Pots & Sizing: From Seedling to Harvest

Pots & Sizing: From Seedling to Harvest


With all the focus on the actual body of your plant, it can be easy to forget about what’s going on beneath the surface of the soil. But your plants root system is an integral component, and you’ll want a healthy root bundle if you hope to grow the best indoor marijuana. You cant just let your seedling live it whole life in one container.

Once you’ve gotten past the seedling stage and you’re ready for serious vegetative growth, you have a few options. If you know how large your plants will be when they reach maturity, you can immediately plant them into their larger pots and leave them there for the entirety of the growth cycle, but there are benefits to repotting as your plant grows, too.

As a general rule of thumb, your plants should be in pots providing roughly one gallon per foot of height. So if you have a 3 foot tall plant, you’ll need a 3 gallon pot or container. Most growers will re-pot their plants 2 – 3 times before flowering.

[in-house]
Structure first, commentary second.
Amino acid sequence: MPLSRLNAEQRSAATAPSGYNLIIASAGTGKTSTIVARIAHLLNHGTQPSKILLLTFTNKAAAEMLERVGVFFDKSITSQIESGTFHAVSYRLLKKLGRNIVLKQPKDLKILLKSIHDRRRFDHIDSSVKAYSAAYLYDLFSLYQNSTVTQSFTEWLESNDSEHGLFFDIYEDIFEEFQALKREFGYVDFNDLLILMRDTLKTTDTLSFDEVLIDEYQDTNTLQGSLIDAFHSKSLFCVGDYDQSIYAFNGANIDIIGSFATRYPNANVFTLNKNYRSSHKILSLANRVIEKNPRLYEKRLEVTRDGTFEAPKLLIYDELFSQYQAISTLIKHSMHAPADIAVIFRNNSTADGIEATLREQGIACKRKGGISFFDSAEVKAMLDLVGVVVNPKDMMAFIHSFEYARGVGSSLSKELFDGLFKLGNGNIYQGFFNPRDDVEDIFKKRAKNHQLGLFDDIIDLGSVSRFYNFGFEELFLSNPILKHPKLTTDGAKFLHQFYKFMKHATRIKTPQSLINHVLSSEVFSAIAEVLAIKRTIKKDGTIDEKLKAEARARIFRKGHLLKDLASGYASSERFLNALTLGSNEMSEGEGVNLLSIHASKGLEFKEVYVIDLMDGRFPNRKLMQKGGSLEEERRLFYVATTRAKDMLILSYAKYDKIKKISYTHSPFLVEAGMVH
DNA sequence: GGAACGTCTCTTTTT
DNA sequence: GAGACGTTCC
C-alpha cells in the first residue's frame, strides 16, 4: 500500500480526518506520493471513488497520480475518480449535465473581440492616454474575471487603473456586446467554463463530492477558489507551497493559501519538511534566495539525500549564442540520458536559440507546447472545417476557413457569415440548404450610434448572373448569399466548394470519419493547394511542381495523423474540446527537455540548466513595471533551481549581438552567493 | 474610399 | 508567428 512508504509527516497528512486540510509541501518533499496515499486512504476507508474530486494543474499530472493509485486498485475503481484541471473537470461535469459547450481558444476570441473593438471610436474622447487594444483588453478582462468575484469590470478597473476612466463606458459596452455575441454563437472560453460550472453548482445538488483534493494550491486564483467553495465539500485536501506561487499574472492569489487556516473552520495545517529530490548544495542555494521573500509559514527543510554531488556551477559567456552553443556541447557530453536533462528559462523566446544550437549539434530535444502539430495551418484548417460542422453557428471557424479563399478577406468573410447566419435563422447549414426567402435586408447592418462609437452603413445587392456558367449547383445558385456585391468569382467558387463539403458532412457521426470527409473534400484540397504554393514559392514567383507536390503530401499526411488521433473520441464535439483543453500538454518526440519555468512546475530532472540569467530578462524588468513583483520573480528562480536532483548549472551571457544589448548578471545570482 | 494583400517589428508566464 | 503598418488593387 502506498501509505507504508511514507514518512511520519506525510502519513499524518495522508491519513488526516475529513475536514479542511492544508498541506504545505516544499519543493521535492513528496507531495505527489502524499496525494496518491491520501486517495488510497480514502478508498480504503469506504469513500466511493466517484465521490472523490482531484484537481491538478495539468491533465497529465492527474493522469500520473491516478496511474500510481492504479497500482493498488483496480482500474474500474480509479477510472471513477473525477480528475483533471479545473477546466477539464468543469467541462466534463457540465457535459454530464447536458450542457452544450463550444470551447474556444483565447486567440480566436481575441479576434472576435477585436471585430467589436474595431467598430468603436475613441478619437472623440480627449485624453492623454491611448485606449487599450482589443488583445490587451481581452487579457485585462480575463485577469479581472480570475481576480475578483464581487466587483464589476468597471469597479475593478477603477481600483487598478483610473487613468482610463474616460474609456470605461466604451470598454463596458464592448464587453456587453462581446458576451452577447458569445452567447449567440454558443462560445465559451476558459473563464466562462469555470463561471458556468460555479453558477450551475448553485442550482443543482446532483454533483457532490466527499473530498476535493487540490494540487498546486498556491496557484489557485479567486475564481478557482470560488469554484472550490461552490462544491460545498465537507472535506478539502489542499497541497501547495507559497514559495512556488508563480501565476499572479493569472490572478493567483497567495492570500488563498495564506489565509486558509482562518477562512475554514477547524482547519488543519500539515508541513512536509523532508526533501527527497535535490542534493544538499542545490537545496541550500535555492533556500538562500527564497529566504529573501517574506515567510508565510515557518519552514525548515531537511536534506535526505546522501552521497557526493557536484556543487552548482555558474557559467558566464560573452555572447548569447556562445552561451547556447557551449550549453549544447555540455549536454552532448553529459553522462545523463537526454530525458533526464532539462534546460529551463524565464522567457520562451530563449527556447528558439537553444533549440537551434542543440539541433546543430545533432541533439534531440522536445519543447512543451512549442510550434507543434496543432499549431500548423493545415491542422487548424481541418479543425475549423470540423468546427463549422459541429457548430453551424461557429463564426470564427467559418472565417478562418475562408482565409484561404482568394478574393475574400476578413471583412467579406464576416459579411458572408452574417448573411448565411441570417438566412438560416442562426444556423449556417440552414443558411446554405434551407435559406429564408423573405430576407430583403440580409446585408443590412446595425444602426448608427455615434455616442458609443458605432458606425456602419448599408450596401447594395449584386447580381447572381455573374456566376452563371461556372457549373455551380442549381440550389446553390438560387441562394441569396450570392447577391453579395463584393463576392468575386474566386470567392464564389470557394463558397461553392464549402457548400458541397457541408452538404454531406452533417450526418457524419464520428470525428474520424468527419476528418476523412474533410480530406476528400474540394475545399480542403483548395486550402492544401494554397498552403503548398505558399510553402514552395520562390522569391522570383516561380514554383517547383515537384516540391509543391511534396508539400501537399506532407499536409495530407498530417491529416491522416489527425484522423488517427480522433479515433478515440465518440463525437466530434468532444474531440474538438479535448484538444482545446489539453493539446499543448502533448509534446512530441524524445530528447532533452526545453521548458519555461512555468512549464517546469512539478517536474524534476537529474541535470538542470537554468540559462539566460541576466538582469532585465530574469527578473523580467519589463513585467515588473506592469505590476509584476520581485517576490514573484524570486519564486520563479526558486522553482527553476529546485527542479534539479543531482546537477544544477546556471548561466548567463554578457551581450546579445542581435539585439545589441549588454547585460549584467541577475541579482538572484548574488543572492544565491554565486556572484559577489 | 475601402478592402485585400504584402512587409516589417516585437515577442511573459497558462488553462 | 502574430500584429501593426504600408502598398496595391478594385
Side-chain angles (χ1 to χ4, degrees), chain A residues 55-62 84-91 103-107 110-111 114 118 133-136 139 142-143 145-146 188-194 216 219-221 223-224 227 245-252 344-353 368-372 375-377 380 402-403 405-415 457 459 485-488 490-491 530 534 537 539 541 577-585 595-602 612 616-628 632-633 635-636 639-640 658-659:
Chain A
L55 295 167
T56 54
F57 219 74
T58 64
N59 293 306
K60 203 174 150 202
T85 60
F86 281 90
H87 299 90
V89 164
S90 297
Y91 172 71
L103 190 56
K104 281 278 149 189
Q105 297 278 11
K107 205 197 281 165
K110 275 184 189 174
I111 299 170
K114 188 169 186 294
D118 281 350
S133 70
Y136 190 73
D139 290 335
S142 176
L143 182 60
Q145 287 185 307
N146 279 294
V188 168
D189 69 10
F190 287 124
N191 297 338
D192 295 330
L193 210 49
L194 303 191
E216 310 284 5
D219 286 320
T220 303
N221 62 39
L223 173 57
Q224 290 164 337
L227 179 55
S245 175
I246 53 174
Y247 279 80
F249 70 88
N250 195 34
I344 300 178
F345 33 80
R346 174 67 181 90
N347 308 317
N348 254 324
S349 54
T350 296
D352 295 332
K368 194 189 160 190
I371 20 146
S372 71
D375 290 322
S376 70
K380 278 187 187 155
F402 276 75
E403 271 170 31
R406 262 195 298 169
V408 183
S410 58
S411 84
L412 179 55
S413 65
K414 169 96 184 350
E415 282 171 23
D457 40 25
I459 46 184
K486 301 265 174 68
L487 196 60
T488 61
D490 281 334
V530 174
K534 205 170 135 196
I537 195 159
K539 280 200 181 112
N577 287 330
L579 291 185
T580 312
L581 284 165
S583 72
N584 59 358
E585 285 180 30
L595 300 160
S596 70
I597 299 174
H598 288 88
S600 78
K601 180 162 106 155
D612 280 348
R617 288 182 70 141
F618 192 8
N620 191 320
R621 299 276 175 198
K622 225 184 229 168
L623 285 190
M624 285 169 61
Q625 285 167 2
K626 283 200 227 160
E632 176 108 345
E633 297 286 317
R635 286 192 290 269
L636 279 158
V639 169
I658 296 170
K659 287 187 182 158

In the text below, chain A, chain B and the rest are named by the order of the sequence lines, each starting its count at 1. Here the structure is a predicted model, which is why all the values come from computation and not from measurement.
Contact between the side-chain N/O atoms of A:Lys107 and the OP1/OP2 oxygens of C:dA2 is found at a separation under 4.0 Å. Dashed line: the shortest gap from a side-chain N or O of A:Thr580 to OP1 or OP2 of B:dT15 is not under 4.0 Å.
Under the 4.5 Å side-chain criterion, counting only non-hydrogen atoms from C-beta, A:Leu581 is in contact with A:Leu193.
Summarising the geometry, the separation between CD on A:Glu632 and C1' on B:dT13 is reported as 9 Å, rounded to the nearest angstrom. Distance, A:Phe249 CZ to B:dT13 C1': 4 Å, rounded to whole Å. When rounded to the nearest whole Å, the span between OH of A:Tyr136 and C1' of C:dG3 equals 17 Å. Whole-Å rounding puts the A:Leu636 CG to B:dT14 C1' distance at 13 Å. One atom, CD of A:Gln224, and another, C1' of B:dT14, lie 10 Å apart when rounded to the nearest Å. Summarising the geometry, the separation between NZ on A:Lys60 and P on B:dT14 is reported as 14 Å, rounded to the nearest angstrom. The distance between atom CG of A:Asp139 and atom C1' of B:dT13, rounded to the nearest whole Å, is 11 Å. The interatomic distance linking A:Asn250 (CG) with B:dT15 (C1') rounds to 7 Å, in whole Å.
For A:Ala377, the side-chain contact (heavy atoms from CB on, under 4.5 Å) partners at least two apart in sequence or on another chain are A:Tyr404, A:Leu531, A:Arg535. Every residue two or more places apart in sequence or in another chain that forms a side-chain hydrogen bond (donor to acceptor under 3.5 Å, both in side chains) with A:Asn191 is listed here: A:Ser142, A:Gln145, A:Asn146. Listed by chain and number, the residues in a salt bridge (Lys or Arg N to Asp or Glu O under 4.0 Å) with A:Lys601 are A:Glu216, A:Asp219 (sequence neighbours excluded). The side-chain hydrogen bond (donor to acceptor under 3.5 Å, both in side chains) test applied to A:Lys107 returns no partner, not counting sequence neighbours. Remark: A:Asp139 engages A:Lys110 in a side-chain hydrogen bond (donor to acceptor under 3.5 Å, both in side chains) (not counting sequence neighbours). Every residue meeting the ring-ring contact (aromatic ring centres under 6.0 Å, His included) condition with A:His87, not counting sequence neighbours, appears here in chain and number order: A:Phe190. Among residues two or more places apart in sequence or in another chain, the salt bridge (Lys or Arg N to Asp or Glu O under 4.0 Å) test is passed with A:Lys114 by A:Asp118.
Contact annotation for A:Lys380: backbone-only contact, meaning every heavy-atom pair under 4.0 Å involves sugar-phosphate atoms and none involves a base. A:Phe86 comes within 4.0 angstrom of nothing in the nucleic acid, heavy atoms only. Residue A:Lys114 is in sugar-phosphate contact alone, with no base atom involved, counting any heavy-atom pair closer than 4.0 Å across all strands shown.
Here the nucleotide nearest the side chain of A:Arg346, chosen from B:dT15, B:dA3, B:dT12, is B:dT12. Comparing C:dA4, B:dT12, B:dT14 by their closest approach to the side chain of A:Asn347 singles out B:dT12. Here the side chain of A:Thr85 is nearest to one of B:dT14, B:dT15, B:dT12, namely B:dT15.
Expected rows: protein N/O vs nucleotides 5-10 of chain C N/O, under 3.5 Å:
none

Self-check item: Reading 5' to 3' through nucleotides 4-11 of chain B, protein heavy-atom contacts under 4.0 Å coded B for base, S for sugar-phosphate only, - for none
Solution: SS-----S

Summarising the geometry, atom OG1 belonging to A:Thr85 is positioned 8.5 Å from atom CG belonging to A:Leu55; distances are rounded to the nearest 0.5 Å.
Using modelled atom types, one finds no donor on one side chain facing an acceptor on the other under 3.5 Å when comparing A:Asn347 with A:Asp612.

Marijuana: From seedling to harvest

MarijuanaGrowHelp.com can help you care for your plant from seedling to harvest.

When you repot your plants in preparation for flowering, be sure to take into consideration the extra growth your plant will have; some plants will double or triple in size during their flowering period. So if you have a 2 foot tall plant in a 2 gallon bucket, you’ll want to move it to a 3 – 5 gallon bucket before you start flowering, depending on how large you expect it to get.

As a general rule of thumb, consider the following:

  • seedlings and young clones should start in a 1 gallon pot / bucket
  • after 14 – 21 days in a 1 gallon bucket, re-pot seedlings to a 3 gallon bucket
  • if necessary, re-pot again into 5 gallon pots at the start of your flowering cycle

An alternative for the experimental grower is to use an indoor bed in lieu of individual pots / containers. There are obviously advantages and disadvantages to this method of growing. First and foremost, the logistics of building an indoor bed may not be feasible for many growers.

Second, removing plants from an indoor bed can be more troublesome if you find that you have males or hermaphrodites among your crop midway through the growth. Third, if you end up with any problems in your soil, whether it’s bugs, pH issues, mold or root rot, those problems will spread quickly and could devastate your crop.

On the upside, a bed allows your plants more room to develop their roots. If you’re growing a sea of green (SOG) or a screen of green (SCROG), a bed might be a perfect addition to maximize the use of your limited space. Harvesting individual plants can also be trickier, though, so like many aspects of growing, it will ultimately be up to you to decide what’s best for you.

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